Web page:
Artistic Re-Contextualizations of Conflict Images

Solveig Gade, associate professor, University of Aarhus

This project investigates artistic appropriations of conflict images first circulated on news and social media, which render visible and contest the (often diverging) ways in which mainly Middle Eastern conflicts are being framed, visually and discursively. Case studies include Lebanese performance artist Rabih Mroué’s re-contextualization of YouTube videos by Syrian insurgents (“the Pixelated Revolution”) and Swiss theatre director Milo Rau’s use of the so-called “Caesar” photographs –images of people tortured to death by the Assad regime leaked on the internet – in the performance “Empire”.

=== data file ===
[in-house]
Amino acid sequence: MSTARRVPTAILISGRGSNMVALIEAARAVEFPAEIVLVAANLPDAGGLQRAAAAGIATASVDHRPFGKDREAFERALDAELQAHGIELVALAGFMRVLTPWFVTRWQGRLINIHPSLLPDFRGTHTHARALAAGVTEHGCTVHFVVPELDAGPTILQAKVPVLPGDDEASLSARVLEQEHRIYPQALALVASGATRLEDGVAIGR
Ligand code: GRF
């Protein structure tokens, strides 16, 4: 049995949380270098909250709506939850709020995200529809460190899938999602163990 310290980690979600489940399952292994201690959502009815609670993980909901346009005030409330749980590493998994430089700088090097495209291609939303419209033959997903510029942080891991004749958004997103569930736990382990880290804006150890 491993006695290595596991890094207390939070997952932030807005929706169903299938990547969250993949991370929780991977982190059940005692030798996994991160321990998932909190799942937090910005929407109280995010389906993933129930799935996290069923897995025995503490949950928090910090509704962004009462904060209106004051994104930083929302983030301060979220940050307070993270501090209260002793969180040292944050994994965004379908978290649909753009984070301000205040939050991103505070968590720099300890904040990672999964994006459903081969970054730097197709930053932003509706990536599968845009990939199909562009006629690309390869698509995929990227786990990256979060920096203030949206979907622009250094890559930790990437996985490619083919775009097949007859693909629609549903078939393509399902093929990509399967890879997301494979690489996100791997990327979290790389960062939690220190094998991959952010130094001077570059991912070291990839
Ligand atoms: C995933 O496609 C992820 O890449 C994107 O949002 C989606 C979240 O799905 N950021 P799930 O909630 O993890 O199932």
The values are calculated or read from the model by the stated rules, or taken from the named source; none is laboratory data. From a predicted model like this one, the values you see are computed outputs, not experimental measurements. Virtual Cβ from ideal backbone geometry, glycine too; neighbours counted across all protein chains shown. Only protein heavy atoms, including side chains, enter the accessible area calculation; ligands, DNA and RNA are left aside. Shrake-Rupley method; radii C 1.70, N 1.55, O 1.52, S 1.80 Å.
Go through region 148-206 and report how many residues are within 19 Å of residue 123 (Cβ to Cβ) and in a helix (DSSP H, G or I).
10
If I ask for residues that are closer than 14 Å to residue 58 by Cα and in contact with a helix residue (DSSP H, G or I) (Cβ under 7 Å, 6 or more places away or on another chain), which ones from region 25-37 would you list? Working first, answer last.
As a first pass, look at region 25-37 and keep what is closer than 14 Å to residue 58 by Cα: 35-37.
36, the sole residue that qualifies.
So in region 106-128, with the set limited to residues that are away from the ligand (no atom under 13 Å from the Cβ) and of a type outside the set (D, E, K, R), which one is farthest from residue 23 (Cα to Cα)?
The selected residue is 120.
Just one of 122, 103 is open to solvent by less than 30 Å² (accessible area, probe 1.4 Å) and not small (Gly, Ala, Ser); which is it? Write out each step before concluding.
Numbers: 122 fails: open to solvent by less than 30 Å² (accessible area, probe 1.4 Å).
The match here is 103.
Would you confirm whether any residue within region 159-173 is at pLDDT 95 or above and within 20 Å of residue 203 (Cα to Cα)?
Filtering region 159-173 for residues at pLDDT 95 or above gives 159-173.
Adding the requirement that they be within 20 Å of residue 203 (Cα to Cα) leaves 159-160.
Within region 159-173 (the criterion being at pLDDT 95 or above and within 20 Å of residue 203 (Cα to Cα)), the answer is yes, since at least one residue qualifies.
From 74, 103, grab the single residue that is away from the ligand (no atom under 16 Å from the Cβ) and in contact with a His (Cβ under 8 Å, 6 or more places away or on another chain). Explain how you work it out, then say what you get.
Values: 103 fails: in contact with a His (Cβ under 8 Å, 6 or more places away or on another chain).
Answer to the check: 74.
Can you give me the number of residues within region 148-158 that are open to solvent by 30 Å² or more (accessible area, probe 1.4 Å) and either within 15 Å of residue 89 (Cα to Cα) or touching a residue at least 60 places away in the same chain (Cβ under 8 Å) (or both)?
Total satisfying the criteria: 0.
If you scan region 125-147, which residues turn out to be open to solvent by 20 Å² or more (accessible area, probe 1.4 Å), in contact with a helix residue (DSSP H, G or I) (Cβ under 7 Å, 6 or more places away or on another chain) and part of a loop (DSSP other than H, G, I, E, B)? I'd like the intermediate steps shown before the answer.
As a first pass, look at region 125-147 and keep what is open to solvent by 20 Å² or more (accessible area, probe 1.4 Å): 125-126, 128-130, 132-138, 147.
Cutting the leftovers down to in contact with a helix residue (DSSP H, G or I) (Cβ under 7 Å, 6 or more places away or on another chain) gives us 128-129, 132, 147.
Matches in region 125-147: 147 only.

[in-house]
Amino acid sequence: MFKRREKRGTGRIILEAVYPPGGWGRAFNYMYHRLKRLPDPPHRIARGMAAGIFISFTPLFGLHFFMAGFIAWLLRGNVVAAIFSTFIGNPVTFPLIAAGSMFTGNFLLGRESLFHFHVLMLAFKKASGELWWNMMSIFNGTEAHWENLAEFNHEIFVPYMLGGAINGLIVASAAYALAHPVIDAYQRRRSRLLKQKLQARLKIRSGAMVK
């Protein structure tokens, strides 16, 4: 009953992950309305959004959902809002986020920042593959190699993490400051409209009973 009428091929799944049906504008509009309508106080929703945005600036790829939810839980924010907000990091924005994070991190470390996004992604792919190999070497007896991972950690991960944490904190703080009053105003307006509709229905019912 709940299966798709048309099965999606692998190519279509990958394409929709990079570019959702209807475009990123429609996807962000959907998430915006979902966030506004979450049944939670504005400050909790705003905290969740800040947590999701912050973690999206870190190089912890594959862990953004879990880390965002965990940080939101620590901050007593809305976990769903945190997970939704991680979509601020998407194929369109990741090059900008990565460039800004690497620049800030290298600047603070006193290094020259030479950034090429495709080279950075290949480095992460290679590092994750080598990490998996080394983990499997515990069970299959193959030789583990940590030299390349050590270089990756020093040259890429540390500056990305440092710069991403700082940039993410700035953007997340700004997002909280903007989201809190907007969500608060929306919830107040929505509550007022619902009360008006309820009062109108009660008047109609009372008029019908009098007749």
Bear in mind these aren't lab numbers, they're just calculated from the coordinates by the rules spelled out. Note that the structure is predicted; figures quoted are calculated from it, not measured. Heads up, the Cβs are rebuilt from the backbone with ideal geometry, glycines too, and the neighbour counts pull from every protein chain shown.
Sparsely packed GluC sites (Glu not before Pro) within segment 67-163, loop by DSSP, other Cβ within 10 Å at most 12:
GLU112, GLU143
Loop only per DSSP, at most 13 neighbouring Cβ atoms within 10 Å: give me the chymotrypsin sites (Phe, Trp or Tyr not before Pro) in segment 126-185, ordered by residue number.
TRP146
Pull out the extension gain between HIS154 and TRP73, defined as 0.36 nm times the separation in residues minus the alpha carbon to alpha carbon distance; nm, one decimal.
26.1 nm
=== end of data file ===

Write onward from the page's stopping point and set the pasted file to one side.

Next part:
Both works juxtapose fact and fiction to reflect on the uncertain status of the image as “proof of truth” in today’s global, digital flow of images (e.g., Reinelt 2009, Hoskins & O’Loughlin 2011). To capture the complex interplay between information and misinformation, fiction and reality, images and politics, at stake in the works, the project deploys an interdisciplinary approach combining theory on documentary art (e.g., Martin 2013, Steyerl 2009), theory on warfare in the 21st century (e.g., Münkler 2015, Virilio & Lotringer 2008), theory on the emotional and ethical implications of photographic images (Azoulay 2001, Sontag 2003, Butler 2009), and theory on visual culture and conflict (e.g., Mitchell 2011, Demos 2013).

An important point of investigation in the project will be how artistic re-contextualizations not only serve to challenge prevalent framings of conflict, but also function as invitations to re-imagine the histories and possible futures of these very conflicts.